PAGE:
Mass Graves and Experimental Archaeology

The Forensic Anthropology Center at The University of Tennessee, Knoxville, has embarked on a really interesting new project that combines elements of both experimental archaeology and physical anthropology.  A highly detailed news story on this project was published just this morning in the Knoxville News-Sentinel, and you may read the article and view the related videos at the following safe link:

Body of Evidence

Kim Jong Un and other dictators may have a new problem on their hands.  As Jesus once said, “…those things done in secret will be shouted from the rooftops.”  I would like nothing more than to see my old alma mater make it happen.

While reading through the newspaper article, a few questions came to mind.  I do not have answers to these questions, but they are posed here for thoughtful consideration:

(1)  A major underlying assumption of this project seems to be that mass murder and mass burial of the victims usually occur during the confusion of war or in some other circumstance where the perpetrators can be counted on to behave in haste, be thoughtless, and demonstrate ineptitude in effective disposal of bodies.  In other words, the perpetrators believe they can quickly and carelessly bury the bodies in a small mass grave and the problem will be over—and no one will ever know about it.  If this has been the pattern of behavior most often seen in the past, can this pattern really be counted on to continue into the future?  Mass murder and other serious violations of international law and human rights are a matter of increasing concern around the world, and more mass murderers are making a terminal journey to The Hague for prosecution.  Will the prospect of capture, undergoing an international  tribunal,  and lifetime incarceration lead the perpetrators of mass murder to better educate themselves and their underlings about the most up-to-date means for detecting mass burials and spur them to develop and implement better technological methods to cover their tracks?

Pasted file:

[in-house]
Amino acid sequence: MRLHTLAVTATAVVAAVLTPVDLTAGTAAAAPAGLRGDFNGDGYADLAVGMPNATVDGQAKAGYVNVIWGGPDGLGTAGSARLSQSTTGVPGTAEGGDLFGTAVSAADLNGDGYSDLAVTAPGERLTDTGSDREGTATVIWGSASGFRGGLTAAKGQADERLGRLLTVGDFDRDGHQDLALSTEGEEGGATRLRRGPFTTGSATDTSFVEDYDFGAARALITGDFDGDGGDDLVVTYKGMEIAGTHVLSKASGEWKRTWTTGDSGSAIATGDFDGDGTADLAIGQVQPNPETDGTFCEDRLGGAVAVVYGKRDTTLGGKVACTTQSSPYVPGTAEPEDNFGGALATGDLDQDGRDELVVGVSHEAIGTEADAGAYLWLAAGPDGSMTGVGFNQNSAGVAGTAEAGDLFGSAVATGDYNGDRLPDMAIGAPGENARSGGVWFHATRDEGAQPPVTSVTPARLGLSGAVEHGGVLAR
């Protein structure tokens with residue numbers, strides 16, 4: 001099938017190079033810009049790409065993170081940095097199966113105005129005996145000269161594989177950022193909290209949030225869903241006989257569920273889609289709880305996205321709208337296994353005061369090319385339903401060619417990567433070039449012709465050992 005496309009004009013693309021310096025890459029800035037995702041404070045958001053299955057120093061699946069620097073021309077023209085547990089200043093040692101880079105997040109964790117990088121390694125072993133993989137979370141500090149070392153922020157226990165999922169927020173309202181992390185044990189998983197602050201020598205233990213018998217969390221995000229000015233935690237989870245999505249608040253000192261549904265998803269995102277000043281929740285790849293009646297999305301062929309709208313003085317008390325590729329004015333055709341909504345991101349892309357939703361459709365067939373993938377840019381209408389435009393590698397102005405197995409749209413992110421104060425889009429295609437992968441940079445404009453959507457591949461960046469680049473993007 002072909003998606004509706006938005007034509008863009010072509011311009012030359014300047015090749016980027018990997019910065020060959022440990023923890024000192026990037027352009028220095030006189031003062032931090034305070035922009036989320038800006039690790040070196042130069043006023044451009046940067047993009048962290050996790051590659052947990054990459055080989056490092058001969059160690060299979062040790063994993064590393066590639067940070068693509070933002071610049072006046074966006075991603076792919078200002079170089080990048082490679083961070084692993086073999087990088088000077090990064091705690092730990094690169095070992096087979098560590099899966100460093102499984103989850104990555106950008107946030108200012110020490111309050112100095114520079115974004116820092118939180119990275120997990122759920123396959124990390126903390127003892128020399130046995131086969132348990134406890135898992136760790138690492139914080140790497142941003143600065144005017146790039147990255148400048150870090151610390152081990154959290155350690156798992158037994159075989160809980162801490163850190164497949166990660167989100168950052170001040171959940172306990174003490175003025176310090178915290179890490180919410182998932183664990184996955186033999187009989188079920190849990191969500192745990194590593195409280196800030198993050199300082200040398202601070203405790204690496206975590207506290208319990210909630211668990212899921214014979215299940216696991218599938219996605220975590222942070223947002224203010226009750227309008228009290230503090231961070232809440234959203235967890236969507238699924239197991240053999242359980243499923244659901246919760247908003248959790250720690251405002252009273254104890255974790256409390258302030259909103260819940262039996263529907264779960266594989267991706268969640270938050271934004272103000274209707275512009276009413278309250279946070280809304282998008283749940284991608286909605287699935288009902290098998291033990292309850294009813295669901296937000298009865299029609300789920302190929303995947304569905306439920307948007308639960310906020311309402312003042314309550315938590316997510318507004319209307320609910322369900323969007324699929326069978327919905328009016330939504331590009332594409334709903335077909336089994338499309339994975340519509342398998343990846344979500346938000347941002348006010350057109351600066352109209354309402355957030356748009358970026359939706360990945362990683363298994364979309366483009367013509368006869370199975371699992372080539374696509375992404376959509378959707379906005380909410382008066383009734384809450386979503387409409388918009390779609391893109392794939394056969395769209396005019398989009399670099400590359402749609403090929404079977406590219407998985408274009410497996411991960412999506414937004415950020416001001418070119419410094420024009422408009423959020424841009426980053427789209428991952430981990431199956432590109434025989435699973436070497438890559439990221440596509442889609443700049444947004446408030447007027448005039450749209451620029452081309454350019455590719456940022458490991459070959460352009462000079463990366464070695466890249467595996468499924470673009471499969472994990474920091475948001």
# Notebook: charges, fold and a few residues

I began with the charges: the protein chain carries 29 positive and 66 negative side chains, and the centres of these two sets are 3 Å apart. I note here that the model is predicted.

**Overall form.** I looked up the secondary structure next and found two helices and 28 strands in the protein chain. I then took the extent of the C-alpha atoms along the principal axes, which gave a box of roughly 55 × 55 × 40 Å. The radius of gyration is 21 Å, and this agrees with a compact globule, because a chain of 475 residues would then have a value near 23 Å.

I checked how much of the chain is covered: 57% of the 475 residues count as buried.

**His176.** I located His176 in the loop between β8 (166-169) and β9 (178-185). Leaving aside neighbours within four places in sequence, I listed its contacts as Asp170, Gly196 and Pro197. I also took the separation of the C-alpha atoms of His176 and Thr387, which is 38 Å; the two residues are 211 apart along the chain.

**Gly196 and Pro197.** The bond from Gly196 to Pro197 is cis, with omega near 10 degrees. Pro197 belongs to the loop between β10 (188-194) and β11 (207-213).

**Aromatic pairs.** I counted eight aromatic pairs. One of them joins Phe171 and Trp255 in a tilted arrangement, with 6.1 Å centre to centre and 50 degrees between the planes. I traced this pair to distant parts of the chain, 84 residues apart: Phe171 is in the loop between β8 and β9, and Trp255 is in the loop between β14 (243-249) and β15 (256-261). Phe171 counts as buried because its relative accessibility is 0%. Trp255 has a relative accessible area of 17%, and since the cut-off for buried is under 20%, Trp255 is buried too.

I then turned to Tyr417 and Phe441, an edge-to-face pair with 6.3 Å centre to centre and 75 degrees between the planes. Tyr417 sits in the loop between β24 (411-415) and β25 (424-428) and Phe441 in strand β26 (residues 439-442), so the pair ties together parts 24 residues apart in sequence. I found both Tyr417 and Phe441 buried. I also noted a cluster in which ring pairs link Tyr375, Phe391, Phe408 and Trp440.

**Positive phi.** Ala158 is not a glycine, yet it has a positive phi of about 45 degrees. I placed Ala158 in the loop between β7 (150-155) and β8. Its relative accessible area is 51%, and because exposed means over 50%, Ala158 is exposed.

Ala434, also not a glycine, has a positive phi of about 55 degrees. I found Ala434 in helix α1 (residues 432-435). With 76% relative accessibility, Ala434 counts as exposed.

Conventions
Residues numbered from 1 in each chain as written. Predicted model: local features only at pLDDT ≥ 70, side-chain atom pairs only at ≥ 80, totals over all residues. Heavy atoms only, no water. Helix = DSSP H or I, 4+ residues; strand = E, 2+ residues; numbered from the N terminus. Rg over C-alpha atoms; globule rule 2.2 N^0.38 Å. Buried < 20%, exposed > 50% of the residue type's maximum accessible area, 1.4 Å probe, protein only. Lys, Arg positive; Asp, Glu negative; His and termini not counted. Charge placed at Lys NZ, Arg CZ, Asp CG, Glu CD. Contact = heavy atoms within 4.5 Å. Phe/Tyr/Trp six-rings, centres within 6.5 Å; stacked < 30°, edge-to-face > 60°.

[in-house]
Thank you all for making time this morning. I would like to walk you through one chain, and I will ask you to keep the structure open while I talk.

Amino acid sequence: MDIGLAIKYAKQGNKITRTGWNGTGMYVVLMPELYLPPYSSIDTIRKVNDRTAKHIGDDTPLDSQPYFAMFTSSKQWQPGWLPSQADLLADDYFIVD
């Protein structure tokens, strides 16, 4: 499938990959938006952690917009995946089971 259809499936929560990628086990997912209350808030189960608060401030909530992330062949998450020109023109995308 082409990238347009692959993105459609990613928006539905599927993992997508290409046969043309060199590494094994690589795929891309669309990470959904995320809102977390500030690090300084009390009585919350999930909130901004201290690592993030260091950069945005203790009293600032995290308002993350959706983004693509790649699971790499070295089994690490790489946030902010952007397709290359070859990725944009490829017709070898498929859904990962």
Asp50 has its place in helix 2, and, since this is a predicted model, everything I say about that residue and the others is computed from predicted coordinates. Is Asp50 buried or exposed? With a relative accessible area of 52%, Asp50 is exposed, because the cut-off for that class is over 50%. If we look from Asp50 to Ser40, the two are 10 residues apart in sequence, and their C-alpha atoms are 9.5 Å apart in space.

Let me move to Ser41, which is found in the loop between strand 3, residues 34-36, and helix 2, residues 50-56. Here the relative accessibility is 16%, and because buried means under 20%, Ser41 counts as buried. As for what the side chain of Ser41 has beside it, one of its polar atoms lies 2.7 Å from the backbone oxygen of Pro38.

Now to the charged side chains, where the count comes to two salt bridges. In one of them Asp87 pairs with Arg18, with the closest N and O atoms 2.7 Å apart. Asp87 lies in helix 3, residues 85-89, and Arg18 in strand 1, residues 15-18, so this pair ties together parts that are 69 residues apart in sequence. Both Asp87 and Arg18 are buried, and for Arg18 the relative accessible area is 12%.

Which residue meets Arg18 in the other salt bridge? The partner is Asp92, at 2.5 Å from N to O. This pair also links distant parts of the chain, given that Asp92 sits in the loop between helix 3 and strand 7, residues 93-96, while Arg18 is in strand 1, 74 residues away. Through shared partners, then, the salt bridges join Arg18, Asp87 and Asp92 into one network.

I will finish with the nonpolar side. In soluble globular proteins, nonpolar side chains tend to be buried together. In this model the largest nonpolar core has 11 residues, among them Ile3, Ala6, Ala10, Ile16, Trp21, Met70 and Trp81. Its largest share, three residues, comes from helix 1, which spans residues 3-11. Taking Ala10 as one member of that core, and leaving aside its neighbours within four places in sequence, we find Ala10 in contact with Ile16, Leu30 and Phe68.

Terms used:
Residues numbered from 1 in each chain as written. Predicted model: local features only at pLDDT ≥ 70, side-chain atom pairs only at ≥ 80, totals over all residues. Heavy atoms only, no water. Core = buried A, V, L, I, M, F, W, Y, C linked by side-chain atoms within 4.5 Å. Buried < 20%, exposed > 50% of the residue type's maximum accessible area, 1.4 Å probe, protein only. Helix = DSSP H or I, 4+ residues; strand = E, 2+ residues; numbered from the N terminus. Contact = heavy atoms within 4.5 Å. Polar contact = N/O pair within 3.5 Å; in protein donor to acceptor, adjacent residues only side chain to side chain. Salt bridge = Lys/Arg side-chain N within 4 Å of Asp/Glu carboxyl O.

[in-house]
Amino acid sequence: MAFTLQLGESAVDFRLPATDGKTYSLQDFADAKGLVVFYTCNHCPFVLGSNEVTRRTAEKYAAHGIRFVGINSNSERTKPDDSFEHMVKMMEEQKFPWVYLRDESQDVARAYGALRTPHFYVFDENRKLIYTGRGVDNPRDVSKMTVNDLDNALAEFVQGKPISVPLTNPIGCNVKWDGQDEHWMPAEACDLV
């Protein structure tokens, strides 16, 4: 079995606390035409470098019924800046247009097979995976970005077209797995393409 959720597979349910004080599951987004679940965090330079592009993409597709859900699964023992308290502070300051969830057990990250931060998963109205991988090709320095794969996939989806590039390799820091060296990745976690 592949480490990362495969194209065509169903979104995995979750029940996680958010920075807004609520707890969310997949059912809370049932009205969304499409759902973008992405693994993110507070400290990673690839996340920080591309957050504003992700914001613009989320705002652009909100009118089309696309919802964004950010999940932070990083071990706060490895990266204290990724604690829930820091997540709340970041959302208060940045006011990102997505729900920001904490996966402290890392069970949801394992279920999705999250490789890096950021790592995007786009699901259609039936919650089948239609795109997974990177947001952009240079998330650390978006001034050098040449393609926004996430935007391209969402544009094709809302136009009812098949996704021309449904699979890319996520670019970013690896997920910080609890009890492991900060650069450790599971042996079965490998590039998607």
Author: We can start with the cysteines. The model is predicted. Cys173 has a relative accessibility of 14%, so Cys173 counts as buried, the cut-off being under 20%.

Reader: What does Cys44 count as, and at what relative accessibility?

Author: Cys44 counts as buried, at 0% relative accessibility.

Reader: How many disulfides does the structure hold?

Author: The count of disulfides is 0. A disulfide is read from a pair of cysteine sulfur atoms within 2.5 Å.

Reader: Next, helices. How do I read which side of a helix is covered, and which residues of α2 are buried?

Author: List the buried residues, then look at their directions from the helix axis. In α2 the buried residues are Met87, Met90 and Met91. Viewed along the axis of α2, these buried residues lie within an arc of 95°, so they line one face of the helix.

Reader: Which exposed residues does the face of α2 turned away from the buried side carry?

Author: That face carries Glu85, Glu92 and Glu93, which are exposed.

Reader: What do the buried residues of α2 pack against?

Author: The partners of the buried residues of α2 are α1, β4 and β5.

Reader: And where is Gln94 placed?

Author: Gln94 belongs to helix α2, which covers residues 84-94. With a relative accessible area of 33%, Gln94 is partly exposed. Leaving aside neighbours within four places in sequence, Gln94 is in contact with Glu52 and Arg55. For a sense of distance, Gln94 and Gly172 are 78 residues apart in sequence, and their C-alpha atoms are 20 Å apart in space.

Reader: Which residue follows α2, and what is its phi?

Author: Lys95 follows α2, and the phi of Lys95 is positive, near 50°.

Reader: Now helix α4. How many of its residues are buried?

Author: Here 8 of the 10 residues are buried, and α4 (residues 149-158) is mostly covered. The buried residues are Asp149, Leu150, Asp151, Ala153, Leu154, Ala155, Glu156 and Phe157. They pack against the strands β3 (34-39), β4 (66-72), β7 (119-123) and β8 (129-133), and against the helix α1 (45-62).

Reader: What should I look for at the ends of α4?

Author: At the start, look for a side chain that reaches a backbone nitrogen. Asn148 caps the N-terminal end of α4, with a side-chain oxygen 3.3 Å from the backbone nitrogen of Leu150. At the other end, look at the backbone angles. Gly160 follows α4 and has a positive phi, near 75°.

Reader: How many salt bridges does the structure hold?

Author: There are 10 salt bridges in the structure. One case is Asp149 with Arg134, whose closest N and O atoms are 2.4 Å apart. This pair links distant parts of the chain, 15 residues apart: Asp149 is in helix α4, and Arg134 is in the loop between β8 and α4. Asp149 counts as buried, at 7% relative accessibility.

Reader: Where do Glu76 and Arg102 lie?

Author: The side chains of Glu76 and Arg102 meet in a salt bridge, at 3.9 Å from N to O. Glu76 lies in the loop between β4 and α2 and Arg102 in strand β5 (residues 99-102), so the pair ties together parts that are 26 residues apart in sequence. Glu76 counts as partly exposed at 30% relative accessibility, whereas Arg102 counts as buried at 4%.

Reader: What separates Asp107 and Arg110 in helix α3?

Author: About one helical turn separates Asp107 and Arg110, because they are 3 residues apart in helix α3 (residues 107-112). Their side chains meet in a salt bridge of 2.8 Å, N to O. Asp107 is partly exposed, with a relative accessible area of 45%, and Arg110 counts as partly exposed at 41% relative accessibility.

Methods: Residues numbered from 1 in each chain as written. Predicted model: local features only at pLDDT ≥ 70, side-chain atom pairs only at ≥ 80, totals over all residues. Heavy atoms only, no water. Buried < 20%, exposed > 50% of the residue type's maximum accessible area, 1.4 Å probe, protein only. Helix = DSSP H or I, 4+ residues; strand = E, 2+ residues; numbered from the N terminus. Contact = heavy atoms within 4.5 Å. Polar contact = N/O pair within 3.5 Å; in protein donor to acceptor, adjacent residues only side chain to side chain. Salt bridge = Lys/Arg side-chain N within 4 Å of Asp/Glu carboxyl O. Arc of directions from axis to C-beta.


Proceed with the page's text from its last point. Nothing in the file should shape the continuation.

(2)  The article mentions that mass graves can be detected because the decay of buried human bodies causes significant subsidence of the overlying soil, and this subsidence would be potentially detectable with remote sensing technology such as LiDAR imaging.  The only problem is that such decay-based subsidence can be rather easily prevented by encasing the bodies in cheap, corrosion-proof containment that can easily resist the overlying weight of soil in a shallow mass grave and do it for a considerable span of time.  Containing any off-gas from the decay process is also possible.  Those of us who spend a great deal of our careers in the environmental protection field are well aware of the technological realities and potentials here.  What would prevent a murderous political regime from developing and deploying such technologies to elude detection of small-scale mass burials?

(3)  Successful criminal identification and prosecution in the United States often depend on inept criminal behavior that is acted out with unawareness of the forensic technology available to detect such behavior.  Current forensic technology might work just fine if “Benny the Dip” gives up pick pocketing and commits a murder. However, government-sponsored mass murder is a very different matter. Unlike Benny, totalitarian governments often have the economic and scientific resources necessary to elude detection of small-scale mass burials—if they know the details of the technological methods investigators will use to find the burials.  Is it really wise to publicize the details of mass burial detection research in newspapers and eventually publish research results in even more detail in scientific journals?  Would it not be better to keep such details a secret for as long as possible so the international bad guys do not use those details to develop effective countermeasures?

These questions should not be taken as critcism of the new project.  Rather, they were just a few random thoughts that came rapidly to mind during my reading.  The Archaeology in Tennessee blog wholeheartedly supports this UTK Forensic Anthropology Center project and sincerely hopes that Kim Jong Un (otherwise known in some circles as that Fat Little Bastard ) and his totalitarian cohort will fall prey to it sometime in the next 50 years.

Does anyone out there have answers to the foregoing questions?  What do you think about this new line of research?

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